With less than 2 years left in the current administration of President Aquino, many will try to identify what legacies it will leave behind that will capture the essence of its contribution to the country’s development. While many would think strong governance would be foremost in my mind as the one legacy it can be proud of, its long-term value will greatly diminish if the next administration will not continue the Daang Matuwid motto. This is something beyond their control and only the voters can decide. The other legacy they could claim is the high economic growth achieved yet in the history of the country’s economic development. However, the benefits of this growth has hardly reached the common man particularly the many still in poverty. Even its claim it has achieved a demographic sweet spot in reference to the availability many young workers with no dependents sound hollow if there is little or no jobs available locally for this demographic. However, it still has the power to put in place an attractive economic environment that will create the needed jobs through the right kind of policies and programs to promote this. Hopefully, as the next administration comes around the fruits of creating more jobs and income generating opportunities will continue and encourage them not to make any changes in the policies and programs that created them.
From BusinessWorld Philippines
MANILA, Philippines – The government should work on increasing job opportunities in the country to take advantage of the growing labor force and pull down poverty incidence, the International Monetary Fund said.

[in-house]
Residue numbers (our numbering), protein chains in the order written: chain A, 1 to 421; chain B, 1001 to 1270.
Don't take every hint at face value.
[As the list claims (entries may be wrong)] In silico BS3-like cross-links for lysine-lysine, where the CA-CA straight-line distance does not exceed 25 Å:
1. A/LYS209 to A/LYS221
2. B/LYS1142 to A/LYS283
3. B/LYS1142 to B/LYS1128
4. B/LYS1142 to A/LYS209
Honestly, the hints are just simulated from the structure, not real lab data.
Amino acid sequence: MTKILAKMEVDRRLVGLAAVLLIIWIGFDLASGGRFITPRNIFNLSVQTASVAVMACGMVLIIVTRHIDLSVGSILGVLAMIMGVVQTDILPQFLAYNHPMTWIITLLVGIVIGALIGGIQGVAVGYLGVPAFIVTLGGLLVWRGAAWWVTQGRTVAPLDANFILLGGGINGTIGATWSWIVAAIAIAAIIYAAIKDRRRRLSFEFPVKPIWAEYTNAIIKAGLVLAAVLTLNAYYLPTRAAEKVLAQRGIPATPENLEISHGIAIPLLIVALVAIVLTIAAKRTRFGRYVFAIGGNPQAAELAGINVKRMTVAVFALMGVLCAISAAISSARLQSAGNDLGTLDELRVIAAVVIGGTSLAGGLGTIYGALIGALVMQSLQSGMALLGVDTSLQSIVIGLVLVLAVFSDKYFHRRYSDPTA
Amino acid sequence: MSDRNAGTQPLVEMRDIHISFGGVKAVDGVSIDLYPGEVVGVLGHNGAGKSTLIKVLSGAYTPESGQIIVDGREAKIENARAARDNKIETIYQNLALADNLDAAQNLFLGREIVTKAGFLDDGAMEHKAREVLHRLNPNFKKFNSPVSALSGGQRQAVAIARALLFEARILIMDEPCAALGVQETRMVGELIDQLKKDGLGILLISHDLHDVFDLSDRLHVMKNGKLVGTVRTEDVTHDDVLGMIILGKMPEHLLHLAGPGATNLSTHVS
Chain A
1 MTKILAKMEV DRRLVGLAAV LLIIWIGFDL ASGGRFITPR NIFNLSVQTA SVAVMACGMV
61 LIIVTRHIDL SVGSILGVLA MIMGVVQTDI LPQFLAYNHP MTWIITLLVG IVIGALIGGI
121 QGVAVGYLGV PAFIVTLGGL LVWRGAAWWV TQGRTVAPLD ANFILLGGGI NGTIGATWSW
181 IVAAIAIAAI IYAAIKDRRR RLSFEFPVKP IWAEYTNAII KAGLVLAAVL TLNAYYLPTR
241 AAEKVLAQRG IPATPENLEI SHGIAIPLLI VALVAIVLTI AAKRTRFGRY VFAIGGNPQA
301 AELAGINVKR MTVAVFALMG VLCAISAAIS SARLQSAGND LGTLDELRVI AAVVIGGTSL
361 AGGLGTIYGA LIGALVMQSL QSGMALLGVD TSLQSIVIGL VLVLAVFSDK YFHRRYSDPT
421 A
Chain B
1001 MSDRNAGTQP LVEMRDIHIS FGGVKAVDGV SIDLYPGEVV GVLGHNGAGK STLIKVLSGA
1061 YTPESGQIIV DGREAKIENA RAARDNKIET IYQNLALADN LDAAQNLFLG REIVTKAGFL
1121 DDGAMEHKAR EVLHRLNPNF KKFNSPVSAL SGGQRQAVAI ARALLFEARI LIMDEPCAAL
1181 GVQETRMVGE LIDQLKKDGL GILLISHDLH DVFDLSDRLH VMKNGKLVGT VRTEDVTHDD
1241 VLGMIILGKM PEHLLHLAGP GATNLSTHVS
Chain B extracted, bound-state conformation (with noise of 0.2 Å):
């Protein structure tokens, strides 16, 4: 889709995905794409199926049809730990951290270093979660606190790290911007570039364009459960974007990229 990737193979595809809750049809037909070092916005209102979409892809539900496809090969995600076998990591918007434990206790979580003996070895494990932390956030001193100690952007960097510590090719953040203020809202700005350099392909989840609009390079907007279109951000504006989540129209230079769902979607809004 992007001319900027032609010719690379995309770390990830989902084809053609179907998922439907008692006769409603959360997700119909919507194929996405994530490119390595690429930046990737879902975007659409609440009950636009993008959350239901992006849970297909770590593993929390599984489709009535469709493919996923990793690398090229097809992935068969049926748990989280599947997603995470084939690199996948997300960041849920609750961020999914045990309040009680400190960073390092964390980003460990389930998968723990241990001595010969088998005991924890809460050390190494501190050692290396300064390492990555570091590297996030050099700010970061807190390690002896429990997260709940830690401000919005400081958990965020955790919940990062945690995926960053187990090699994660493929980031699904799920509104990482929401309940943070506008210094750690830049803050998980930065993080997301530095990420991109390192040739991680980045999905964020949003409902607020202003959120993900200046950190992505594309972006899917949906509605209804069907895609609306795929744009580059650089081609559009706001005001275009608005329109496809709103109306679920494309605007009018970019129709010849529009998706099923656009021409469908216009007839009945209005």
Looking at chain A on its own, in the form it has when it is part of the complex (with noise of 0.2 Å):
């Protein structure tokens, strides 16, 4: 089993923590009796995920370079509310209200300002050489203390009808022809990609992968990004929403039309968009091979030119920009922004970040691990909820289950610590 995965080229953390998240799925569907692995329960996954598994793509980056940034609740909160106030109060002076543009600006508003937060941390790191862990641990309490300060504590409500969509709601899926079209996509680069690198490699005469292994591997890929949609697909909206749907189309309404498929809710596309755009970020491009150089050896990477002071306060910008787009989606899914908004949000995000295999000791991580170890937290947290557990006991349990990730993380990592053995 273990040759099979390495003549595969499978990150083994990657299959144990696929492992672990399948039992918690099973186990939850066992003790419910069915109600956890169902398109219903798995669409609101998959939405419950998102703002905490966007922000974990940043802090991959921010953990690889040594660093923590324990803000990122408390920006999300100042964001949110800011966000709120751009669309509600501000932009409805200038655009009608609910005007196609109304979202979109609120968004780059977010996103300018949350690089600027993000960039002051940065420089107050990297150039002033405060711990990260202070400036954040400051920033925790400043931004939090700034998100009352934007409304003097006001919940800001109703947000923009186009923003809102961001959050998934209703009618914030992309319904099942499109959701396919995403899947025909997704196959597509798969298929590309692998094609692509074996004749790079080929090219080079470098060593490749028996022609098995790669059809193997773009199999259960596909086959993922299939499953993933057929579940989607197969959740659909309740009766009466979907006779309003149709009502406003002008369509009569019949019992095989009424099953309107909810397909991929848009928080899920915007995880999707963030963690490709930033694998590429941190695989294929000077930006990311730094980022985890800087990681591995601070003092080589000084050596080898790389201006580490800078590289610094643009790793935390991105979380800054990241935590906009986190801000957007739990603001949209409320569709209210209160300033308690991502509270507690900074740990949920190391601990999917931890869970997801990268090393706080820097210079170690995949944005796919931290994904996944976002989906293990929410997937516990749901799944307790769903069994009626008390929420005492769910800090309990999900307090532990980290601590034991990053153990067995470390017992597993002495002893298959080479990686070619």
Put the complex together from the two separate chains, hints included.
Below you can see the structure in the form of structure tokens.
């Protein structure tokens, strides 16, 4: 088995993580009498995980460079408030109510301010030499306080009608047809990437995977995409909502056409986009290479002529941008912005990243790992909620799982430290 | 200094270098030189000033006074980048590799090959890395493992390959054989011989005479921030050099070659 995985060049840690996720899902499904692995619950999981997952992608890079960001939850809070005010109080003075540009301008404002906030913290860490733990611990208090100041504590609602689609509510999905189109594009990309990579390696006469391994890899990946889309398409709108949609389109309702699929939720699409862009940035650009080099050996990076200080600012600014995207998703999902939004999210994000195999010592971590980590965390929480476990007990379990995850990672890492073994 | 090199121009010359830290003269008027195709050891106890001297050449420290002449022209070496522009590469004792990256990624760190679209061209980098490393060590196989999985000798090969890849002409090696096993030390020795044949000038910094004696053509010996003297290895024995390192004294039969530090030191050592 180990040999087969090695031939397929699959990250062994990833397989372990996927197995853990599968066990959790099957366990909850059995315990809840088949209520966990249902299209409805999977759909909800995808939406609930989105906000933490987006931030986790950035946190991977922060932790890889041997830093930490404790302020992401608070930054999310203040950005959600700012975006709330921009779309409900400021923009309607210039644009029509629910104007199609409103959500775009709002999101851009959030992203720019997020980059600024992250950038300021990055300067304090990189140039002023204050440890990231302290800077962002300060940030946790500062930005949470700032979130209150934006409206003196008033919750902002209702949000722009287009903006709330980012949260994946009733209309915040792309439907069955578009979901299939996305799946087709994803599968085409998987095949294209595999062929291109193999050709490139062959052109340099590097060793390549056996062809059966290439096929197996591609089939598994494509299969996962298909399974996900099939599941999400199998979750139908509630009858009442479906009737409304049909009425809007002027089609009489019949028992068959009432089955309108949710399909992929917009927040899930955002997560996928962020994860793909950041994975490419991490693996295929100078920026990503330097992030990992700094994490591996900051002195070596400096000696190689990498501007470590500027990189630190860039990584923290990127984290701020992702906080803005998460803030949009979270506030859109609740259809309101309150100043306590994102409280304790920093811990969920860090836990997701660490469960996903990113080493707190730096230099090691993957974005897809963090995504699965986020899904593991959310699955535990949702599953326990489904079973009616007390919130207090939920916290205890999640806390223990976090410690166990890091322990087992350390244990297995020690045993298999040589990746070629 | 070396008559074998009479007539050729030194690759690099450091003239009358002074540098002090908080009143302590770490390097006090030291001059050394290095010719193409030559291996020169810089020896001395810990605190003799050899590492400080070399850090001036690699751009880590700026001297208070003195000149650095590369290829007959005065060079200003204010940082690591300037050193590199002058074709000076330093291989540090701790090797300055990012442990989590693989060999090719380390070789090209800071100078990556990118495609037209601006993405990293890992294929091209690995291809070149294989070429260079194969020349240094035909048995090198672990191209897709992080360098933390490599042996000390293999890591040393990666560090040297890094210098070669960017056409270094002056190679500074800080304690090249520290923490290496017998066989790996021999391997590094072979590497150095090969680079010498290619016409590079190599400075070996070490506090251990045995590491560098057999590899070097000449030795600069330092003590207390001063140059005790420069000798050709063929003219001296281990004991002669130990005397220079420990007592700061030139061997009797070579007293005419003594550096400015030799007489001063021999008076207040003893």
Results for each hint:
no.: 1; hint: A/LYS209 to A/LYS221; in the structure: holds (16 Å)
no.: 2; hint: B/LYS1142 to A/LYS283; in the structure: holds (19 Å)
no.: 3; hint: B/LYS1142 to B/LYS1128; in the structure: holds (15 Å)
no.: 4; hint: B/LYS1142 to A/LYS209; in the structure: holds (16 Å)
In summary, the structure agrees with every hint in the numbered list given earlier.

“Favorable demographics are a missed opportunity if the economy cannot effectively absorb the growing working-age population,” the IMF said in a statement.
“Better domestic job opportunities would reduce poverty, thereby curtailing outward migration and the accompanying social hardships and sustained remittance inflows that can complicate macroeconomic management in the absence of compensating productivity gains,” the Fund said.
Government officials have been trumpeting the country’s entry into a “demographic sweet spot” by 2015, which is seen driving economic growth to new highs as domestic consumption further climbs and more investments flow in.
Latest data showed that the unemployment rate improved to seven percent in April this year, from 7.6 percent in the same period last year. This reflects 1.7 million additional employed persons in April.
Latest available data also showed the poverty incidence in the country fell to 24.9 percent in the first half of 2013 from 27.9 percent in the same period in 2012.
The economy grew by 7.2 percent last year, sustaining the 6.8-percent growth posted in 2012. The IMF said that the domestic economy remains strong and even equipped with financial sector and external buffers to shield it from shocks.
“The challenge is to deliver high-quality growth. Better realizing the Philippines’ potential for rapid, sustained and more inclusive growth calls for further reducing bottlenecks to investment and formal sector employment that may be discouraging broad-based business activities,” the IMF said.
“A more diversified production structure would strengthen resilience to economic shocks, which unduly impact the poor,” it added.
The economy grew by a lower-than-expected 5.7 percent in the first quarter but the government kept its 6.5-to 7.5-percent growth target for the full year.
But risks to the rosy prospects of the Philippine economy remain, the IMF cautioned.
“Abrupt exit from exceptionally loose monetary policies abroad, a sharp slowdown in China or other emerging markets, or a major geopolitical incident could impact global or regional trade and capital flows and adversely affect the Philippine economy,” the IMF said.
“On the domestic front, rapid credit growth or a disproportionate flow of resources to the property sector could boost short-term growth but heighten volatility thereafter, impacting over leveraged households and corporates,” it added.